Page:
Last week, an infrastructure project online portal that connects government, developers, and financiers was launched by Infrastructure Asia, a platform set up by Enterprise Singapore and Singapore's Central Bank, the Monetary Authority of Singapore (MAS).
The portal was formally announced at the Asian Infrastructure Forum on August 2 by Singapore's Second Minister for Finance Indranee Rajah who said that the portal aims to support greater regional collaboration among complementary experts and brings greater visibility to the project opportunities in the exciting growth area of sustainable infrastructure.
The new online project portal serves as a marketplace for various parties interested in developing infrastructure projects in Asia and also to surface the region's infrastructure project pipeline.
A look at the projects currently listed on the portal reveals that there are 11 infrastructure projects listed with a value exceeding USD2.7 billion. There are seven water and sanitation-related projects, two associated with logistics, and two are rail transportation projects. Indonesia leads the number of listed projects with five, Cambodia and the Philippines each as two, and Vietnam and India have one each.
The project from India that is on the portal is the New Delhi Railway Redevelopment Project Stage 2.
Infrastructure Asia says that Singapore which has an established ecosystem of various private sector firms including developers, engineering firms, procurement companies, construction firms, professional service providers, financial institutions, and multilateral development banks working together with public sector agencies, is in a unique position to serve Asia's infrastructure needs and unlock the region's infrastructure potential.
Lavan Thiru, executive director of Infrastructure Asia, said that the costs involved in searching for solution providers and partners are very high.
He added, "So there was a need for a platform that was neutral, a platform that has some level of independence and more importantly, a platform that can do some curation." The newly launched project portal aims to showcase regional infrastructure projects and can connect public and private sector parties interested to partner with each other to develop these projects.
Project owners can list the project requirements on the platform and interested parties, such as solution providers or financiers, can access project details including its value, owner, and developers.
Thiru said that Infrastructure Asia will select projects to list on the portal based on whether they are marginally bankable, and are in sectors where Singapore or Singapore-based companies have expertise in.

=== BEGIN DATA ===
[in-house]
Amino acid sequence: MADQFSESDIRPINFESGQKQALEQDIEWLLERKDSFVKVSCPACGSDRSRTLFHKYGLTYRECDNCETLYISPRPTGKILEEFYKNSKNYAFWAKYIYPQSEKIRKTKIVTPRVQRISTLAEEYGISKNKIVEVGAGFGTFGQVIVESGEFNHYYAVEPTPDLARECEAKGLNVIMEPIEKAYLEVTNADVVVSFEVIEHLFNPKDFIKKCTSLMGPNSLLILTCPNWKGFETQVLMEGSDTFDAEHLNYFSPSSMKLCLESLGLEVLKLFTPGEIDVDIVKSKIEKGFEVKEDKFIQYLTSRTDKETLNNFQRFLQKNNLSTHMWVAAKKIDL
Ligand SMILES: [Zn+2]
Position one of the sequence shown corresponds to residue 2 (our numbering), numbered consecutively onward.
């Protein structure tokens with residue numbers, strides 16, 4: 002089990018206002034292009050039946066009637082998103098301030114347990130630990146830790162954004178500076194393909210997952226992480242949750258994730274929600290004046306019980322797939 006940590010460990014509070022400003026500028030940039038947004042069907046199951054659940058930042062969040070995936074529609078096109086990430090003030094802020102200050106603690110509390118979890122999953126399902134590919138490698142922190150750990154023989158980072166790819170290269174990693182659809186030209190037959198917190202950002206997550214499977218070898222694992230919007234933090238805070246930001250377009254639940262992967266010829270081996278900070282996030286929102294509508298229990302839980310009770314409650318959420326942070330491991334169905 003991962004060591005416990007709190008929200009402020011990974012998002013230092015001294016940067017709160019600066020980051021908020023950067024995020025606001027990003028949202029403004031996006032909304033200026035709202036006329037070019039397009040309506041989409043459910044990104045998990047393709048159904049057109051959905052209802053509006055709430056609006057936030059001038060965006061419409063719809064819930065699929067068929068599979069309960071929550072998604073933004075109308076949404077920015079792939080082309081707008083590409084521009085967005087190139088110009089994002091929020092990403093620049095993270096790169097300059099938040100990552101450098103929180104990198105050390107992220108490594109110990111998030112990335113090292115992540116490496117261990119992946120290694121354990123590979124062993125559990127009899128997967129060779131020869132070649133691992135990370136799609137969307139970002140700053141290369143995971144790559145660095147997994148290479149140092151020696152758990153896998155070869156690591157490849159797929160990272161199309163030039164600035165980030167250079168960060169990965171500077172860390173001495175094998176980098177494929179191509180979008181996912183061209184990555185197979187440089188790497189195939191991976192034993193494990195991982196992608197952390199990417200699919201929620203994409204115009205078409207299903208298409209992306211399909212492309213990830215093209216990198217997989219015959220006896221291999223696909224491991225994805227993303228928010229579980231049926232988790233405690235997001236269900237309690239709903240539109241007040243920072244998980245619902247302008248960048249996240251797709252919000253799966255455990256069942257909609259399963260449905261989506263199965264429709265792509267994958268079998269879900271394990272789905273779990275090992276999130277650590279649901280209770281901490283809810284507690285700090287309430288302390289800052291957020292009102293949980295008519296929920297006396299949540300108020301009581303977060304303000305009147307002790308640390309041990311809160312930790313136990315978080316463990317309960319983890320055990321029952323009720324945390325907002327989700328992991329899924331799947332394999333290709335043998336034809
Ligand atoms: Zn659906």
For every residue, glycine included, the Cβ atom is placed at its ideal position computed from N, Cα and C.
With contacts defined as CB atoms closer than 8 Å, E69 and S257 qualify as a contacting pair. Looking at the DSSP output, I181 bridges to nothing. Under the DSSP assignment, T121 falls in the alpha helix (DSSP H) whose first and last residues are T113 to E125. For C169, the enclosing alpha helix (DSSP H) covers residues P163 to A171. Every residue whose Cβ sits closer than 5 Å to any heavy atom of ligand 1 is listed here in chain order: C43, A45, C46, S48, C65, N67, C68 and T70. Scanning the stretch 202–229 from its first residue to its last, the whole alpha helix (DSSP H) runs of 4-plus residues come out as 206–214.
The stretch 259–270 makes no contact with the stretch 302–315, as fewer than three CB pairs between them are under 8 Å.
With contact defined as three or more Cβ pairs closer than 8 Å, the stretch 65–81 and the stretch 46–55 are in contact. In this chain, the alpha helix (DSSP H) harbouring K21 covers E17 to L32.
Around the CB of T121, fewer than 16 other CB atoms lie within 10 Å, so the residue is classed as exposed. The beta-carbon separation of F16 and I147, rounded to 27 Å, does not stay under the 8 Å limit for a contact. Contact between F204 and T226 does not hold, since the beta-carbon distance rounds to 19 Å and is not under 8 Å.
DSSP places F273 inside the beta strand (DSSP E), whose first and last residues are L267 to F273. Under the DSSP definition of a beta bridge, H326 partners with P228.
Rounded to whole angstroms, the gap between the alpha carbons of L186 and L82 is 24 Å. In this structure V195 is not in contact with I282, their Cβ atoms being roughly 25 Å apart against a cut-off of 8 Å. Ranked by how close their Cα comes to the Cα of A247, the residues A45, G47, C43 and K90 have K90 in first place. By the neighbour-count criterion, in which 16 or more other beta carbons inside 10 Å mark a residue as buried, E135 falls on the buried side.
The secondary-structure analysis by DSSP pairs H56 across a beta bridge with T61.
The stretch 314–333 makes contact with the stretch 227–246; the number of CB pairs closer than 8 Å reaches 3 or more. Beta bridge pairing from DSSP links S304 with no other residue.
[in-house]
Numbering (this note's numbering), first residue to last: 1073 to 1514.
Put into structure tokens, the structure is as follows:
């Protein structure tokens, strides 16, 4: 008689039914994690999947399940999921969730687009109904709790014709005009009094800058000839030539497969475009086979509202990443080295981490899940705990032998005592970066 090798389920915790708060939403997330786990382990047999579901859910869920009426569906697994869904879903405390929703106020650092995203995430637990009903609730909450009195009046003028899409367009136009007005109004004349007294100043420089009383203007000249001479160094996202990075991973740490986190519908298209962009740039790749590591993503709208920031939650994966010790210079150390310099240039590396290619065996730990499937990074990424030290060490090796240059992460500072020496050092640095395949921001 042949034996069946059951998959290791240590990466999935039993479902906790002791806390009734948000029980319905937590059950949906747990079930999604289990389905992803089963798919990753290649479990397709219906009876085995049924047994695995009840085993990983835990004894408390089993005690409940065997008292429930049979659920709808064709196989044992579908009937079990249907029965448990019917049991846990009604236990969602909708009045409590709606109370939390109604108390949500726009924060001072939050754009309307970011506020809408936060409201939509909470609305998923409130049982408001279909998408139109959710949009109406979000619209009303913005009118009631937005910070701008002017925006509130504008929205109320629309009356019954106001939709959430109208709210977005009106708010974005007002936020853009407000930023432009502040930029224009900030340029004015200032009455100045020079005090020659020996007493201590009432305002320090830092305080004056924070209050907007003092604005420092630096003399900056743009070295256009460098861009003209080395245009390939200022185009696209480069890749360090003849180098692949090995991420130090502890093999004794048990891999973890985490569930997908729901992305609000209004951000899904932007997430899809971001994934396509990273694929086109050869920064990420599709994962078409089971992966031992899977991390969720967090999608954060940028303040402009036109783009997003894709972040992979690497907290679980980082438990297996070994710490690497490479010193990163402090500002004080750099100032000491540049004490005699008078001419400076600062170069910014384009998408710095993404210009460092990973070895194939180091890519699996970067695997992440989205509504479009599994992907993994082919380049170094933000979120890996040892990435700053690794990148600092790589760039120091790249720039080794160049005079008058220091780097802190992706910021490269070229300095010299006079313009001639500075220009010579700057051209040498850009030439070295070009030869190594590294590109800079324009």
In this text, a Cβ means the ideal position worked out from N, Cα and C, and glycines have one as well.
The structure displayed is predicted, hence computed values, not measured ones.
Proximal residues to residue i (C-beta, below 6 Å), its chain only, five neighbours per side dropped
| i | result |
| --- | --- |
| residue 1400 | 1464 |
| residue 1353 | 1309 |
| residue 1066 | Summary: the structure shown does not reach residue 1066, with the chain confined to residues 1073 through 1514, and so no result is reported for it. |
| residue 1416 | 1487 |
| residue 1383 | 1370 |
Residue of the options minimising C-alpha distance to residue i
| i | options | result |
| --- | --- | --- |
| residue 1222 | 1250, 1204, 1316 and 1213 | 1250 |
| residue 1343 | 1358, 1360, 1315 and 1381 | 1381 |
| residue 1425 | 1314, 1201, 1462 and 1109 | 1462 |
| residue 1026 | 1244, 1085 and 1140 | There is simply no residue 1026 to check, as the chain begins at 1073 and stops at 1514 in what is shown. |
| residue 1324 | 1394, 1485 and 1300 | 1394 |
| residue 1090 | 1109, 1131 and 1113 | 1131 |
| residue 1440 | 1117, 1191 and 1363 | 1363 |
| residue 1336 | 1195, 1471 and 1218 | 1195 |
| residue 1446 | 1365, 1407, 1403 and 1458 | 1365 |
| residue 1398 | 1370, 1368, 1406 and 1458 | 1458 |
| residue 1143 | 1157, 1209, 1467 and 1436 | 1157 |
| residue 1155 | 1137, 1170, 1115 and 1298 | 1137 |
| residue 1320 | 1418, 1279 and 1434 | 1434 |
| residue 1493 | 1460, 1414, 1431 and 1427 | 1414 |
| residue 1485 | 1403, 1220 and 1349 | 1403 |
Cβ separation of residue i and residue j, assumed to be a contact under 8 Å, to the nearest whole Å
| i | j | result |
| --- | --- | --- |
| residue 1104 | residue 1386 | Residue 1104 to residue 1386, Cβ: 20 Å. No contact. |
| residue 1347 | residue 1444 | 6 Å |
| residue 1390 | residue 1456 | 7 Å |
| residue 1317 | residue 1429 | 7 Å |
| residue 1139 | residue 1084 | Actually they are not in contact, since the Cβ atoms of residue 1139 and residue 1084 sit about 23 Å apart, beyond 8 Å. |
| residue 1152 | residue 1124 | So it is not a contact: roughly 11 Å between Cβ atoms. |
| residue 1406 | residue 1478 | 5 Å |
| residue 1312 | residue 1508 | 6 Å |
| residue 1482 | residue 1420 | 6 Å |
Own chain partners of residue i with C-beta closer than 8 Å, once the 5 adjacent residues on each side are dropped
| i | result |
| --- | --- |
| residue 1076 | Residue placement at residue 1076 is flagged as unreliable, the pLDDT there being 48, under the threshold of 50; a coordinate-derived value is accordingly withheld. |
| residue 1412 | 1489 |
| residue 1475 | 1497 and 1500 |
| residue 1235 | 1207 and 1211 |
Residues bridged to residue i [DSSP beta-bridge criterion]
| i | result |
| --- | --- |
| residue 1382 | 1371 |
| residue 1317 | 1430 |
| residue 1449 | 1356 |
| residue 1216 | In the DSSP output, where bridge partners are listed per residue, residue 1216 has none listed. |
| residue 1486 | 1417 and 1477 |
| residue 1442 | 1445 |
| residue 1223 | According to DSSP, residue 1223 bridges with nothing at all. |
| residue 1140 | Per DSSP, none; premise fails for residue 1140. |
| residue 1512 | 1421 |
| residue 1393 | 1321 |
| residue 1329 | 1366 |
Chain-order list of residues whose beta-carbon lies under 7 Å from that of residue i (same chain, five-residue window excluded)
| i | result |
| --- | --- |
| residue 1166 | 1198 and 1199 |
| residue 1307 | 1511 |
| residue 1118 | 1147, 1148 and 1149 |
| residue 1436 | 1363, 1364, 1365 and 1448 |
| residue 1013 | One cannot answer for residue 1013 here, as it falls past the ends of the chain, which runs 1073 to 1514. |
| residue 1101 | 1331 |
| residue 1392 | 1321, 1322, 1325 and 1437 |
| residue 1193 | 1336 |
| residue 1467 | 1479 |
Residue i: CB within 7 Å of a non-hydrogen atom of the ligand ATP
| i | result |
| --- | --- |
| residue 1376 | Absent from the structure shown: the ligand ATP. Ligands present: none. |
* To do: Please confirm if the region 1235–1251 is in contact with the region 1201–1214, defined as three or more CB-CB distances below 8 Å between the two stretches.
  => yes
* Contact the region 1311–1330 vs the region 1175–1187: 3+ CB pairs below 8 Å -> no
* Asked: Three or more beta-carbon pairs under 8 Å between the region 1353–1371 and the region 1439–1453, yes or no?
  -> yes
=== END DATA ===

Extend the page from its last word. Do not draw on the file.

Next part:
During her opening keynote address at the Asia Infrastructure Forum which was held at the Marina Bay Sands Expo and Convention Centre, Minister Indranee said that to achieve the Paris Agreement of limiting global warming to 1.5 degrees Celsius, immediate and deep emissions reductions are needed.
She added that Singapore which announced that it will raise its climate ambition to achieve net-zero emissions by or around mid-century will ensure that its climate pledges are backed by the right strategies, policies, and actions.
The Minister continued, "Meeting our Sustainable Development Goals requires radically transforming the way we plan, construct and operate infrastructure. One opportunity that is frequently missed is in brownfield infrastructure, or existing assets, which are responsible for almost 80 percent of all greenhouse gas emissions, particularly across the energy, transport, and buildings sectors. There is much that we can do to decarbonize our current stock of infrastructure, including improving energy and resource efficiencies in the built environment."
Investments into brownfield assets could require modest investments but lead to outsized gains in decarbonization.
For emerging markets in Asia, the International Finance Corporation (IFC) estimates that retrofitting buildings for energy efficiency could reduce close to a billion tonnes of greenhouse gas emissions. This is equivalent to taking almost 200 million internal combustion engine cars off the roads, which is about 15 percent of the world's entire car population.
Capital is required to ensure these solutions can scale. It is estimated that USD2 trillion is needed to build sustainable infrastructure in Southeast Asia by 2030. Governments are cognisant of the huge amount of capital needed and while they are stepping forward to take the lead, private capital is required.
In Singapore, the public sector will be issuing up to SGD35 billion (USD25.3 billion) of green bonds to finance sustainable infrastructure projects by 2030, and the Philippines and India have also announced that their governments will issue their own green bonds.
Besides public funding, funding by private financial institutions is crucial for the success of infrastructure projects. Banks interviewed by Business Times Singapore (BT) say that financing not only depends on whether the project supports social and environmental causes, it also has to be economically viable. The sustainable infrastructure cash flows have to have the ability to repay long-tenure loans.
Yulanda Chung, head of sustainability, institutional banking group at DBS told BT that to manage these problems, regulatory certainty supported by commercial contract structures are needed. Closing the gap further requires robust tariff models that balance project costs and societal affordability, as well as appropriate economic incentives.
"We believe having a framework to outline a robust governance process on how the money raised will be used, and clearly define the green standards, will help banks finance more sustainable infrastructure projects," Chung said. (ANI)